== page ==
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Wool Berber Carpet Cleaning 101

by Matt Goering

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Cleaning wool berber carpet is trickier than you might think. For starters, few berber carpets are made of wool anymore. Most are constructed of nylon or olefin fibers. And since each fiber has its own peculiarities when it comes to sound cleaning practices, your first step is to identify which type of carpet you're dealing with. Once you do that, you can move on to determining the best cleaning method possible.

Genuine Wool Berber Carpet
If you're lucky enough to have genuine wool berber carpets, then you need to take the extra precautions that cleaning wool demands. Wool is largely heralded as the fiber of all fibers, and almost all other carpeting fibers are compared to it. It is soft, durable, and naturally repels soil and other contaminants. It's also very water absorbent, and is natural fiber, both of which can present problems in the cleaning process.

Cleaning Wool Berber Carpet
For starters, wool won't hold up well to excessive agitation, and you should never clean it with water temperatures over 150 degrees. Remember how that wool sweater shrunk from an XL to something your 5 year old fit into when you accidentally washed it in hot water? Same principle applies here, and the last thing you want is your carpet pulling away from the wall as it dries because you used water that was too hot. The other thing to remember when cleaning wool berber carpet is to avoid using excessive moisture. Wool is famous for its ability to absorb and retain water, making wool carpets very difficult to dry out if they've been over saturated. This can lead to a number of other problems, including the development of unpleasant odors, and further carpet shrinkage.

Cleaning Olefin Berber Carpet
At this point you might be thinking that you're lucky your berber carpet is made of olefin, as opposed to wool, when it comes to cleaning. Think again. Unlike wool, olefin fibers absorb almost no moisture at all. This wicking property is what makes them a "stain proof" carpet fiber. That glass of wine you spilled the other night didn't stain your carpet because the olefin fibers simply shucked off the grape juice and let it drain down into the carpet pad. That's great for day to day use, but it can present a problem when you call in a pro for a deep clean.

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Hot water extraction, or steam cleaning, generally wets the entire carpet, including the pad underneath, to achieve the deepest clean. With olefin, however, that means all those stains that never happened, are now going to wander up with the moisture and magically appear on the surface. Multiple vacuumings are usually enough to get rid of these stains that appear out of nowhere, though there are a number of other steps your carpet cleaner can employ in the cleaning phase that can help reduce this effect. Ask ahead of time if your carpet cleaning contractor has worked with olefin berber carpet before, and make sure they take the necessary measures to reduce the chances this spotting will occur in the first place.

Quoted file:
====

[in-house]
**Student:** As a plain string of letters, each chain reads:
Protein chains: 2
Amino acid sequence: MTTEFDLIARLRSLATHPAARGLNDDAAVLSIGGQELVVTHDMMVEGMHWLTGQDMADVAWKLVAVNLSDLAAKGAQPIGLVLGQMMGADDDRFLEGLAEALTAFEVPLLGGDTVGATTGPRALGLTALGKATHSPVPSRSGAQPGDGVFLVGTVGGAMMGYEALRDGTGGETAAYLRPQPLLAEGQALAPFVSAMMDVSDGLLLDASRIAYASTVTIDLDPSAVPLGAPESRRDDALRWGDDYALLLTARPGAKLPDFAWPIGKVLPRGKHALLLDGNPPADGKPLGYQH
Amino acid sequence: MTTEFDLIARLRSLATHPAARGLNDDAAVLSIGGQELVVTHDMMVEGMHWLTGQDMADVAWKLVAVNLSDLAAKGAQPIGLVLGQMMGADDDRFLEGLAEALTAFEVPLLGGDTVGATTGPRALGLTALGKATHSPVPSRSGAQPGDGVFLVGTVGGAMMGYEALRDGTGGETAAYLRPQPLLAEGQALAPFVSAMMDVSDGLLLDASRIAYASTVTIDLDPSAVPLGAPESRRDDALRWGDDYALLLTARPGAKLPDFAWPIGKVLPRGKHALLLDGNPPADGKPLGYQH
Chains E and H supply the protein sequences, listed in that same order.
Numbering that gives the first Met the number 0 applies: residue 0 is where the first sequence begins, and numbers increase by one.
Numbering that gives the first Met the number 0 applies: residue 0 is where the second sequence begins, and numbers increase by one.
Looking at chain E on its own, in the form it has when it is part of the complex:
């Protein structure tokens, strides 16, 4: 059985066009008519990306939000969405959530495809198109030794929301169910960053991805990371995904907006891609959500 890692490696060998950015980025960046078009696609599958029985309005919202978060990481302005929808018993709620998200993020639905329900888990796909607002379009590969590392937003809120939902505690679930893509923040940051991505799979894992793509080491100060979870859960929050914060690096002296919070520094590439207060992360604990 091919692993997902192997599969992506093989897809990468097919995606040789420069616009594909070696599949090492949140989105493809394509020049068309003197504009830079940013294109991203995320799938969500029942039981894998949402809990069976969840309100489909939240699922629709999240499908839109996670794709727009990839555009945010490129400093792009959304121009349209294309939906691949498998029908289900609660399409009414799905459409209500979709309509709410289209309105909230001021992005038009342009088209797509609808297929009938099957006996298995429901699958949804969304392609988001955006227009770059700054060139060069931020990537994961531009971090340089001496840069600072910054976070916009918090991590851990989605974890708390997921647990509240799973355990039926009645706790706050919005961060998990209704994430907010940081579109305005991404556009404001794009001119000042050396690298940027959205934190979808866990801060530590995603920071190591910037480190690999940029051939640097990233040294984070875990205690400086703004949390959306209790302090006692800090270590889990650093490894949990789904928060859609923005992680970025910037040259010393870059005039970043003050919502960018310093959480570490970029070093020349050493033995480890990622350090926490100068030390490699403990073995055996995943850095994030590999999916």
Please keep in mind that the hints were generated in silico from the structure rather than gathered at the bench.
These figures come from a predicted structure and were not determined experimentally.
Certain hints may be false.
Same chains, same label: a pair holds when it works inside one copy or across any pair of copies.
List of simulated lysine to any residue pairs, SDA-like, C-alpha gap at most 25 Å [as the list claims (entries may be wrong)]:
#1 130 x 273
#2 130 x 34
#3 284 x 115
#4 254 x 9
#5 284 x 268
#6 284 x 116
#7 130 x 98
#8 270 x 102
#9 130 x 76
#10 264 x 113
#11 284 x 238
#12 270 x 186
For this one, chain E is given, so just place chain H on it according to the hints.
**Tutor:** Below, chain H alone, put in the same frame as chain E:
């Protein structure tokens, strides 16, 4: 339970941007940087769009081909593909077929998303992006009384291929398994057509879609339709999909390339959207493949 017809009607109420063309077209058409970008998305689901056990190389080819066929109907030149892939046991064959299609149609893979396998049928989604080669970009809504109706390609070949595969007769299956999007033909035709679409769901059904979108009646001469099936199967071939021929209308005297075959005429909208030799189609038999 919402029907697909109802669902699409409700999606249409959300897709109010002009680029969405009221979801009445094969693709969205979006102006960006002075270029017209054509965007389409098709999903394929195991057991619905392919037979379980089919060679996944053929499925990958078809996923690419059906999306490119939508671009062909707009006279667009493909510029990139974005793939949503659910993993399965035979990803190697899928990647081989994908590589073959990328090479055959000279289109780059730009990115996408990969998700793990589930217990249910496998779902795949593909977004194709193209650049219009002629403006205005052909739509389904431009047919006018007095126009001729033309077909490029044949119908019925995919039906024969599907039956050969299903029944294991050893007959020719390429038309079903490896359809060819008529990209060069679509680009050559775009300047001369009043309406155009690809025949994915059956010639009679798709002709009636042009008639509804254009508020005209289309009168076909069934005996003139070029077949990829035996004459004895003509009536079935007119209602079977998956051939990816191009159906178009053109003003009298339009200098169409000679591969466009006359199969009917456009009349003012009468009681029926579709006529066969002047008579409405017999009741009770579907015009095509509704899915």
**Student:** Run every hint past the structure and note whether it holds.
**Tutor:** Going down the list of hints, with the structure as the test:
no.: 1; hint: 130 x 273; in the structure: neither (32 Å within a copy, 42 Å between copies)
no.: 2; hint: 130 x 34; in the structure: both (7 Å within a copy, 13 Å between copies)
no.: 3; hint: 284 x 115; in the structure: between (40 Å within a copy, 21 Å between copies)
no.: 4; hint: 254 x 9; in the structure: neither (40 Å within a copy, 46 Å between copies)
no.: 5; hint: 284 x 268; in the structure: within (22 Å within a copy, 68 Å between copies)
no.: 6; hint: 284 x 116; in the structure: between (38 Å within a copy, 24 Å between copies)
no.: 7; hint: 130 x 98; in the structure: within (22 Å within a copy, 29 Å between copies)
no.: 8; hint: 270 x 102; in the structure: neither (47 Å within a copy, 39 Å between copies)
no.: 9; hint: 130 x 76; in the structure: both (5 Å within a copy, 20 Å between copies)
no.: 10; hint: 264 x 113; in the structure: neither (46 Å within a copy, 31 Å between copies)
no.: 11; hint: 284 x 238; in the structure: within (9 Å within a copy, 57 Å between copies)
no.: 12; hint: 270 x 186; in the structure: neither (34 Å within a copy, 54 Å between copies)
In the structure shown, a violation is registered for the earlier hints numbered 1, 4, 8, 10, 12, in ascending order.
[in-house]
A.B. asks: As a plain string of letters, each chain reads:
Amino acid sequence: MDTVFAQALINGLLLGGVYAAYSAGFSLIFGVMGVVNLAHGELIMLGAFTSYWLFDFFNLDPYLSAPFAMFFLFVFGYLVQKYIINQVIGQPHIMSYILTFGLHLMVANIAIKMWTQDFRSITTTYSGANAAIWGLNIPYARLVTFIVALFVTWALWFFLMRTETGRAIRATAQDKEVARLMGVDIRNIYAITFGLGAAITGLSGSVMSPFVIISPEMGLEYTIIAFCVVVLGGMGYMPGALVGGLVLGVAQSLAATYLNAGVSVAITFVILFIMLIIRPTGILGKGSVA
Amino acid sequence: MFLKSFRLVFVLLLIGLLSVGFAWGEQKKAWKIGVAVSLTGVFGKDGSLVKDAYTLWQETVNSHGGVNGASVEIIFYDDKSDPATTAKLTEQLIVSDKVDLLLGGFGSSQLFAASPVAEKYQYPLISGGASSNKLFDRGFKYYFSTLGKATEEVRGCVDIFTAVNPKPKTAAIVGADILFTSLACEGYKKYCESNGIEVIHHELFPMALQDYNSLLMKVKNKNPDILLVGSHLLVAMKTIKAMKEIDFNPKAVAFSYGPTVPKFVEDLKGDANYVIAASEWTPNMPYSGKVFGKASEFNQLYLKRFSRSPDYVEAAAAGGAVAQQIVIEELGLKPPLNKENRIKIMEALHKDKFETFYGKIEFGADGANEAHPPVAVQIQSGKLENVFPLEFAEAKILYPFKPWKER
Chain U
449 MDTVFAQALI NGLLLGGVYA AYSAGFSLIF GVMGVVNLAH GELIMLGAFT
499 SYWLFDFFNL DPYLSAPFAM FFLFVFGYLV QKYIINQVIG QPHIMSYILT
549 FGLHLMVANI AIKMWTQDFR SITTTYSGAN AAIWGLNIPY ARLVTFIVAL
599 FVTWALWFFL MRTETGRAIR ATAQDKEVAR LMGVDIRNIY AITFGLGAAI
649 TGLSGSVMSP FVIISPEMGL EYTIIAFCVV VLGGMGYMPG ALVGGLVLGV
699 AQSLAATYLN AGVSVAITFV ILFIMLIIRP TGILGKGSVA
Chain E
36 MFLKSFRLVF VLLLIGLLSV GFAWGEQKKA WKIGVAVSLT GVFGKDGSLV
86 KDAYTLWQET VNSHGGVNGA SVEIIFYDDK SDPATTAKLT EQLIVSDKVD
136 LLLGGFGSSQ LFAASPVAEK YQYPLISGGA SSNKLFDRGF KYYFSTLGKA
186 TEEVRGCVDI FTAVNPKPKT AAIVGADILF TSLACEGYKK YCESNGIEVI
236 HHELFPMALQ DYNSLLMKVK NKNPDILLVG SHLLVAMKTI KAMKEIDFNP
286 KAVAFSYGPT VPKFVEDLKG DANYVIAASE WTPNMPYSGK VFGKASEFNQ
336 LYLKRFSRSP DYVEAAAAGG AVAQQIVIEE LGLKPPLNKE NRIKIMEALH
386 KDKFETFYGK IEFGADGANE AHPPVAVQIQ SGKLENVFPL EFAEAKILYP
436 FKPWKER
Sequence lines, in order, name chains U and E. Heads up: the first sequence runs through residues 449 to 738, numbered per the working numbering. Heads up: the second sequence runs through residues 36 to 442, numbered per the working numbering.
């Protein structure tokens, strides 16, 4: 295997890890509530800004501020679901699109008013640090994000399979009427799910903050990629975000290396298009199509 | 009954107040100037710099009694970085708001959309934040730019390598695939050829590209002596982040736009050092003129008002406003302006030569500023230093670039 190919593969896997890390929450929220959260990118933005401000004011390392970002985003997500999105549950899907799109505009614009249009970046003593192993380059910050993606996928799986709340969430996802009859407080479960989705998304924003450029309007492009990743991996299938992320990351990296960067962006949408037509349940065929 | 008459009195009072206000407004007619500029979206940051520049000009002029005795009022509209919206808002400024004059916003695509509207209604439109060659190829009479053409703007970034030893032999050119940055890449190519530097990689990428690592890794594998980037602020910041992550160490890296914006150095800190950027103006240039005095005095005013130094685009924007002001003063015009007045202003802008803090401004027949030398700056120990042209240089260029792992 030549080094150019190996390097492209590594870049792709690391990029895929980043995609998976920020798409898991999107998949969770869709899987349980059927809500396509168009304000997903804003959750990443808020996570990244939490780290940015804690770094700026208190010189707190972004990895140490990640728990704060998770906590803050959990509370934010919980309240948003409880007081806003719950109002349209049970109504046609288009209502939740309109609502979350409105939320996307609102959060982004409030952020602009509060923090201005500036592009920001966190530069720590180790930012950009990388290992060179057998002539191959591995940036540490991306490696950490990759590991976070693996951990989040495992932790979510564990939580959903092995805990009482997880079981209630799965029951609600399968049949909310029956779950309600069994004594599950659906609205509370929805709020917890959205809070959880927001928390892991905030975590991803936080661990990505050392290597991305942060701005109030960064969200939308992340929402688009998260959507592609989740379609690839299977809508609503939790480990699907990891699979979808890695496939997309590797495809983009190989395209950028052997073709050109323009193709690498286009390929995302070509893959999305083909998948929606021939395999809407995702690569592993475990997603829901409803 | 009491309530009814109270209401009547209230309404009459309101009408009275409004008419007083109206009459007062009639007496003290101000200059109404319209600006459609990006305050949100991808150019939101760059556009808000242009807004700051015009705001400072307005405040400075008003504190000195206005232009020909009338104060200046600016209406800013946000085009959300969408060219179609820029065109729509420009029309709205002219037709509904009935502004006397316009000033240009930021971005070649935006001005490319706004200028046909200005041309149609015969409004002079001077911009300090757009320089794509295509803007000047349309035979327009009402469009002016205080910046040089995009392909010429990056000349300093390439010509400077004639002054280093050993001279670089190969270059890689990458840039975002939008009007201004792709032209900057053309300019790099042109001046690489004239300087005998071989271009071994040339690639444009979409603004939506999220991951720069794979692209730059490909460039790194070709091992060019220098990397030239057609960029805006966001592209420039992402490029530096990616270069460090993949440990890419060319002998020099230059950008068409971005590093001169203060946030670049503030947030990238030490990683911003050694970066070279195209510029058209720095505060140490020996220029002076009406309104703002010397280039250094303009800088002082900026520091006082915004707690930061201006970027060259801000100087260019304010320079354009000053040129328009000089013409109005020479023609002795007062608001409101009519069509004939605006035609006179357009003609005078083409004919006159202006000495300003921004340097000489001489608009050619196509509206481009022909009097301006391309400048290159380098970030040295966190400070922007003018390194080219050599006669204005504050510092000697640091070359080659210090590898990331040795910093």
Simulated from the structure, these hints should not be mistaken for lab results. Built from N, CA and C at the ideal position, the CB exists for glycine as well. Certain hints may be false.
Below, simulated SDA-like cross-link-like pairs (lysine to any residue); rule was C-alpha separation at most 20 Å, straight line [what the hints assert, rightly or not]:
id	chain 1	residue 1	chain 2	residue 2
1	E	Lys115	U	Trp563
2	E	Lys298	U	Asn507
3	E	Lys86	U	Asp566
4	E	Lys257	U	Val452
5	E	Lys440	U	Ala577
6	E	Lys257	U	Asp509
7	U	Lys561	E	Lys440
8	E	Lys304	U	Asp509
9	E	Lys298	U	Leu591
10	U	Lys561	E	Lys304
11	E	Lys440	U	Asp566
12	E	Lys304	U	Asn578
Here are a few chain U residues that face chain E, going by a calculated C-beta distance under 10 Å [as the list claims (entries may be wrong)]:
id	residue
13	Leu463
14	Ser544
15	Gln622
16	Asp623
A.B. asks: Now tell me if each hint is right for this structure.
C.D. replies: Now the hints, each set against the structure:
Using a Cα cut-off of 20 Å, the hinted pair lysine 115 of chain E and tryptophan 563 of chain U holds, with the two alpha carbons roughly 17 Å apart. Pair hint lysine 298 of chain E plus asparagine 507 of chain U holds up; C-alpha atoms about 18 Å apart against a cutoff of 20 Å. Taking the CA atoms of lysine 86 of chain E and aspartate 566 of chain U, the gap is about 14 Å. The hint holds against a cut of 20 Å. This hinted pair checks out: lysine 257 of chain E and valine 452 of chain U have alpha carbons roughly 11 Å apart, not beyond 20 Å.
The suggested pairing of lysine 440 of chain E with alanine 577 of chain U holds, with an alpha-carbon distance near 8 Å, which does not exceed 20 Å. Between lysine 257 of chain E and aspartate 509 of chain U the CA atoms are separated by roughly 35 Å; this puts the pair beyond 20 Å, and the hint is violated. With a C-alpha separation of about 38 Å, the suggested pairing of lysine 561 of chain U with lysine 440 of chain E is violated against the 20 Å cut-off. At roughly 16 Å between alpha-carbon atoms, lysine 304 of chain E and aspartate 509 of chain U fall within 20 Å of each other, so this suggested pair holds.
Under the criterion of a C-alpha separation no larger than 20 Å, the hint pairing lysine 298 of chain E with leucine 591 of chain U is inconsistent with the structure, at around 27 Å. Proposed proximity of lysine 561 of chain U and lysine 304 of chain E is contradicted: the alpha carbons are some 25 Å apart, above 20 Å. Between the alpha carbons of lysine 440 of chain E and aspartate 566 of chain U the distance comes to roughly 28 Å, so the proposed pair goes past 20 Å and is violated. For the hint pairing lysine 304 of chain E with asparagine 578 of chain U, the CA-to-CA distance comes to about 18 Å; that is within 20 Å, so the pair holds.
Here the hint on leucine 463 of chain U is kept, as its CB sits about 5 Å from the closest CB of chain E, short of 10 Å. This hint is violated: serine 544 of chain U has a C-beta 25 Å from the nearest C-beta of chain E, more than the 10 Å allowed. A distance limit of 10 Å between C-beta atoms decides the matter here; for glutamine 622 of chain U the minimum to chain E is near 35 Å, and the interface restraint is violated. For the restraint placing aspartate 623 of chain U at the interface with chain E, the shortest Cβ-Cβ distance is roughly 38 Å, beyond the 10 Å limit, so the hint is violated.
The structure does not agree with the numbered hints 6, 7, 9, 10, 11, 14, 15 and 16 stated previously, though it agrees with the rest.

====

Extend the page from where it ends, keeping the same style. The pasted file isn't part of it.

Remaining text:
Cleaning Nylon Berber Carpet
Nylon berber carpet is the easiest of the three to clean. You don't need to take as many precautions here, but keep in mind that berber is by definition a very thick carpet. Like wool, nylon will absorb a lot of moisture and take a long time to dry out. That being the case, it's not a bad idea to choose a "dry" carpet cleaning method when having your nylon berber carpet professionally cleaned. It will save you the effort of setting up fans around your carpet, and the worry you're sure to feel when you realize it's taking a really long time for your carpet to dry out.

Final Thoughts
Whether you're cleaning wool berber carpet, or a synthetic one, remember that regular vacuuming is your best tool in keeping these tough, durable, and attractive carpets clean in the first place. Finally, make sure you buy a vacuum without a beater bar. Failure to do so will disturb the intricate carpet weave, and you'll be investing new wall-to-wall carpeting before you know it.

Matt Goering, formerly a carpenter and house painter, is a freelance writer for the home improvement industry who has published over 600 articles.